Our schools are built around a quantum packet, a “box”, formed with rigid sides that assume learning takes place in a confined physical space, during a defined period of time, along subject-based thought lines, via the transfer of knowledge from a teacher to a group of students. The boxes move along an assembly line calibrated at roughly one increment per year of age of the students in the box, while the teachers largely stay firmly rooted in the same location relative to the moving boxes.
Given freedom to think, most educators know this box is wrong, and are willing and able to design something much better. So here is the simplest, yet potentially least comfortable exercise I can suggest for school leaders and teams. Start over. Design great learning at your school with NO sides to that box, and see what you come up with. Don’t make this a year-long process; do it in an hour or a morning with as many people in the room as possible. And then ask yourselves why the heck you are still in a box.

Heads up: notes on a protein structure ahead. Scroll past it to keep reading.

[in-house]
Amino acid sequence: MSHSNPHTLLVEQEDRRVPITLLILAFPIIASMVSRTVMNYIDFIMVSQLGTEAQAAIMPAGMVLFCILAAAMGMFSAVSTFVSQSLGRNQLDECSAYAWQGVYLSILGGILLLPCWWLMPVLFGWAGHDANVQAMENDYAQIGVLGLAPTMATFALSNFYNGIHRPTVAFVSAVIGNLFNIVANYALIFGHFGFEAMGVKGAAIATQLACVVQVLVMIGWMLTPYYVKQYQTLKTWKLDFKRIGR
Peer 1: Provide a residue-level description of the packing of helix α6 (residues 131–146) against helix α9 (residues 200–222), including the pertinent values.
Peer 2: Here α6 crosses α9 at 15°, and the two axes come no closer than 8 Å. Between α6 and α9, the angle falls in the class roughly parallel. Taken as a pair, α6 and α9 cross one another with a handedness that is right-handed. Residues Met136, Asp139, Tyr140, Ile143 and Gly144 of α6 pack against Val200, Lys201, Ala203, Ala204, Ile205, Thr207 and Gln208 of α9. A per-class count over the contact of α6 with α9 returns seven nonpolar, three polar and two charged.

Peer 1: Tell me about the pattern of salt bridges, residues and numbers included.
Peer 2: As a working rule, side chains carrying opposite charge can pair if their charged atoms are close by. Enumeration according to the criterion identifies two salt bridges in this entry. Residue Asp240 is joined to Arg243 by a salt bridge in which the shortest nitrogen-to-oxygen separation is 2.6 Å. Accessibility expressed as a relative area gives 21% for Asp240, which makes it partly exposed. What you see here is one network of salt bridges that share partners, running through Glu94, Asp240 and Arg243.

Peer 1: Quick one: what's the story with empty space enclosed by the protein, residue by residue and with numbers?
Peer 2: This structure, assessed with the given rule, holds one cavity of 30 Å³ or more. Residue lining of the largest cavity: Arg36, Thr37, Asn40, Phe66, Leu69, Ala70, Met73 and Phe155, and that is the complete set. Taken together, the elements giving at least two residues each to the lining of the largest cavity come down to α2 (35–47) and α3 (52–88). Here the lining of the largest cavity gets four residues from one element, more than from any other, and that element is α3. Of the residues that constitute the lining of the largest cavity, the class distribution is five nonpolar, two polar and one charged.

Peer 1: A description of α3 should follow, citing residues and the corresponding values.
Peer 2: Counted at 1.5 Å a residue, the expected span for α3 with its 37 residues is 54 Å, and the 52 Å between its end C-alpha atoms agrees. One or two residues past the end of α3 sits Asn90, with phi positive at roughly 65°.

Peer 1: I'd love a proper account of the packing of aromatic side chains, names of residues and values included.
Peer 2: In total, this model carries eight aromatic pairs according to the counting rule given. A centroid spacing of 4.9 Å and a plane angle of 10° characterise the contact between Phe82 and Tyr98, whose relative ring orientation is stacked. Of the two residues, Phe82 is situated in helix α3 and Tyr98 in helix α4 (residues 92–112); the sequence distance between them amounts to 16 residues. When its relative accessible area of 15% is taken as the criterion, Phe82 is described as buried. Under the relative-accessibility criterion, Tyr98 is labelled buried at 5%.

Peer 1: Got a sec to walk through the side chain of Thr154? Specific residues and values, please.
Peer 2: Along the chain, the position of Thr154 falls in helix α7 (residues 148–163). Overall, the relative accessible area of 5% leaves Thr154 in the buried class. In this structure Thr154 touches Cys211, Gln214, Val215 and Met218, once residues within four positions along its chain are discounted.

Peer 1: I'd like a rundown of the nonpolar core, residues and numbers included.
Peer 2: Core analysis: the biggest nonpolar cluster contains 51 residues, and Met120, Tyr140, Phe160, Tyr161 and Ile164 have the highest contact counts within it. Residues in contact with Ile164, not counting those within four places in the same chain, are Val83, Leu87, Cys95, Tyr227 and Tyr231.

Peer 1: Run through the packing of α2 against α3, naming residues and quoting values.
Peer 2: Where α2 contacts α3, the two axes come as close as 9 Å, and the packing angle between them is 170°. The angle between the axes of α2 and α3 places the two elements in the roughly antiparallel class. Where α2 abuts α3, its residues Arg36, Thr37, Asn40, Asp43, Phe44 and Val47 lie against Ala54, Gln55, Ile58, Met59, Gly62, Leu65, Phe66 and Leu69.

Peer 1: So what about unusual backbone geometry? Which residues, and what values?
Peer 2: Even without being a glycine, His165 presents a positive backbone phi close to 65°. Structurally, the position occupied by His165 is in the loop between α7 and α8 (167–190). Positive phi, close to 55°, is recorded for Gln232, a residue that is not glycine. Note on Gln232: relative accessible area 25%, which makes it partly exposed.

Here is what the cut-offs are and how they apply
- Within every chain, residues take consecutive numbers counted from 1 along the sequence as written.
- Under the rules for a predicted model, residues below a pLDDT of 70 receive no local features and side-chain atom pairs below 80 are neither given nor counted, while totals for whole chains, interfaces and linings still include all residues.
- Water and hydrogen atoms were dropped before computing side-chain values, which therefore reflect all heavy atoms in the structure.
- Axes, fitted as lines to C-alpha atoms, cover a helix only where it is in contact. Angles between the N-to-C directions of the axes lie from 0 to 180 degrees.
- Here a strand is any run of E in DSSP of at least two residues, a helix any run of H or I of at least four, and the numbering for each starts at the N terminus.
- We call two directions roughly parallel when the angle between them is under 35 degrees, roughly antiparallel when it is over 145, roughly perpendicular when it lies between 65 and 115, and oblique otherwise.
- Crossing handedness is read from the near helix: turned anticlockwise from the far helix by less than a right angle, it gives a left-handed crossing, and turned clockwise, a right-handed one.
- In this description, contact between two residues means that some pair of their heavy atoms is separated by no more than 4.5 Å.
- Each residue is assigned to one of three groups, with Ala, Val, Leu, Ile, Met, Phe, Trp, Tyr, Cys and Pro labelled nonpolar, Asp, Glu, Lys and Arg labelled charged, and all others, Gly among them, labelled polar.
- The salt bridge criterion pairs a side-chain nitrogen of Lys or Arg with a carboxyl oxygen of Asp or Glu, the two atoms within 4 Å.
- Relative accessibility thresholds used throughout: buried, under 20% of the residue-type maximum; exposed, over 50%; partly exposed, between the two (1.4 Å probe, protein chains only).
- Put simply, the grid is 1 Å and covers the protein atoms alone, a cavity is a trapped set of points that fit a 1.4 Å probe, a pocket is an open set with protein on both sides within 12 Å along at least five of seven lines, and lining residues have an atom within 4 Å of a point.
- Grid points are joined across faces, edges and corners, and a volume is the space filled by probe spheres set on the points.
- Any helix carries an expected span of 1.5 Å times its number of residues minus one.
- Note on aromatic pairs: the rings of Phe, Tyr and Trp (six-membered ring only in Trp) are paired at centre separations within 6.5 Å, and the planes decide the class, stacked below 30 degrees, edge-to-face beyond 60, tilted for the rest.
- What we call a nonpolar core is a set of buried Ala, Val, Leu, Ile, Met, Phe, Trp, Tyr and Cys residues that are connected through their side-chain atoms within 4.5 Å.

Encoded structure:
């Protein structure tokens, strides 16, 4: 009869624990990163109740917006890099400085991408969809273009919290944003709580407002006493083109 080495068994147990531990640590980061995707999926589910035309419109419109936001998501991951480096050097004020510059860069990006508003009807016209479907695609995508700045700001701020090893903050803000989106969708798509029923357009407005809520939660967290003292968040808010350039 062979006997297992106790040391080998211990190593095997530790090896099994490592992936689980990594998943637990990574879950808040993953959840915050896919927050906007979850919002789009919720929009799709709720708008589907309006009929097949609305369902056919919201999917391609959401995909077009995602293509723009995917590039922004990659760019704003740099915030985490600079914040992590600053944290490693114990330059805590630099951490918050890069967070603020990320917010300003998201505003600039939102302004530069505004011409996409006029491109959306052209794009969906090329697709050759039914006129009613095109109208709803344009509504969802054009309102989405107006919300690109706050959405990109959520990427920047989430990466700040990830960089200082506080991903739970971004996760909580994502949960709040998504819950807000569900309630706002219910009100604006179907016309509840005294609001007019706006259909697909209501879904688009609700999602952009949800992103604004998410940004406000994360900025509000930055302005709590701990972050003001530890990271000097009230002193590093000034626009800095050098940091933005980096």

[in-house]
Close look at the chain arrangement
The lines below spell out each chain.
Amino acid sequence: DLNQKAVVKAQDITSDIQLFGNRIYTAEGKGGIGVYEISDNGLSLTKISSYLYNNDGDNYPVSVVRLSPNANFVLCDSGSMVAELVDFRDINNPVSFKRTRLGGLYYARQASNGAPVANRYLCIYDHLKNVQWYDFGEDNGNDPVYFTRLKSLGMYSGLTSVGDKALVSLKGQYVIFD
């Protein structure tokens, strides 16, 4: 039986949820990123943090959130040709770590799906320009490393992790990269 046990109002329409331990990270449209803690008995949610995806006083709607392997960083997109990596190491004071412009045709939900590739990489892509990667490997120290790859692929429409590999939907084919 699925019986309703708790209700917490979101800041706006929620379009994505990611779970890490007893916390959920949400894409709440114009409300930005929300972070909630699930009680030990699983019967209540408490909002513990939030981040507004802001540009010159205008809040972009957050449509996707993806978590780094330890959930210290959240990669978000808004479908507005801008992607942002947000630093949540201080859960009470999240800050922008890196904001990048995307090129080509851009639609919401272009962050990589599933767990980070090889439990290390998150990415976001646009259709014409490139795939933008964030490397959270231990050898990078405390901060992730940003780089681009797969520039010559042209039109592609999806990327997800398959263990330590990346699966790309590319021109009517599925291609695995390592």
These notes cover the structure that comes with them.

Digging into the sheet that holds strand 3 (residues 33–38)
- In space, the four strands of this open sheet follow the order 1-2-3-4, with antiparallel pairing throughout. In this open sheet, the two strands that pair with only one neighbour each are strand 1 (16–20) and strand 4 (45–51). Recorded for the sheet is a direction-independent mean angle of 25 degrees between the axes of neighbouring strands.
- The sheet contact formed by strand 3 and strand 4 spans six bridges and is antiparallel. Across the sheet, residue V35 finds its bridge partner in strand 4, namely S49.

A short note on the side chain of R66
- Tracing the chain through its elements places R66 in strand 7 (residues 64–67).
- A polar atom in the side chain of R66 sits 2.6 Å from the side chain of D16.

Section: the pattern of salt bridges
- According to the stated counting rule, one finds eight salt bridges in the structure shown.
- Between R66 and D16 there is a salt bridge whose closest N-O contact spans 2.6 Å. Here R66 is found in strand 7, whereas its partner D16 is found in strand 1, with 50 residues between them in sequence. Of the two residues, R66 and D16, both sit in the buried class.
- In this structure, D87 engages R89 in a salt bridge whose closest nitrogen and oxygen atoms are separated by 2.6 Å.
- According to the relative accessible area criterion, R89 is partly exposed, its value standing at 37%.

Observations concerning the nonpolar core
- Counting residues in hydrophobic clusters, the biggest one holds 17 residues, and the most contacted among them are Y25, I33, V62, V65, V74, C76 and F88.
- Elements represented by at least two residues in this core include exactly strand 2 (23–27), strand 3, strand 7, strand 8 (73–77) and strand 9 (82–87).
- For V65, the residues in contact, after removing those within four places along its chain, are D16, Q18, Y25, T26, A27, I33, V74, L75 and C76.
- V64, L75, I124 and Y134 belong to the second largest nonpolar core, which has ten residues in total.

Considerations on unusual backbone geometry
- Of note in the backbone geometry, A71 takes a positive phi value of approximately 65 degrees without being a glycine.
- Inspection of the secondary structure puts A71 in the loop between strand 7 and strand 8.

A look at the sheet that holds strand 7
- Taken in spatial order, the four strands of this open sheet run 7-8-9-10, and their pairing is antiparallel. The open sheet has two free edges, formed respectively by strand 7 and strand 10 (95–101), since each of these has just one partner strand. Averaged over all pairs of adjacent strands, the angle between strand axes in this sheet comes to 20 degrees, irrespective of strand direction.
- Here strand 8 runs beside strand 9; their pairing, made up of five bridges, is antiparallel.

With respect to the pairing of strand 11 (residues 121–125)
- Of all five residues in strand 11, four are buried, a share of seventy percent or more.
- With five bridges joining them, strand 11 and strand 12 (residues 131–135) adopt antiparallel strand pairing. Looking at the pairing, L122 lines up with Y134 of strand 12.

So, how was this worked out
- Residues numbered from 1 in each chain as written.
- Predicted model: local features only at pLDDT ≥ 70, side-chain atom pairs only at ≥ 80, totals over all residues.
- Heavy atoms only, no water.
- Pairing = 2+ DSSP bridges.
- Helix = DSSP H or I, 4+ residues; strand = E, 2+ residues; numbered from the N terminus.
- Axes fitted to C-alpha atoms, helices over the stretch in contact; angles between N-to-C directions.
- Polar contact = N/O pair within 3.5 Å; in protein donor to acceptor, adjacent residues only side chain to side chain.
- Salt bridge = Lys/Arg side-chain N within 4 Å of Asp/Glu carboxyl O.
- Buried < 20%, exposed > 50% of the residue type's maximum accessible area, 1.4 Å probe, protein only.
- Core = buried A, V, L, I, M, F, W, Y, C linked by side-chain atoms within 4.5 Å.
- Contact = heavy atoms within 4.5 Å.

I am going to do this with a school in the fall. It is an independent school with a stellar reputation, great leaders, a powerful vision, thoughtful pick-of-the-litter faculty, and lots of money. In other words, they can do exactly whatever they want and think is best. But they are still somewhat in the box. We will see if courage, confidence, and vision win out over uncertainty and inertia when it comes to not just thinking outside the box, but imaging a world where boxes never define who and what we are.
I love the idea of beginning with a clean slate. One of the biggest challenges schools face is trying to “tweak” the current structure rather than broadening the possibilities. I understand the challenges, but how can you argue with the obvious benefits.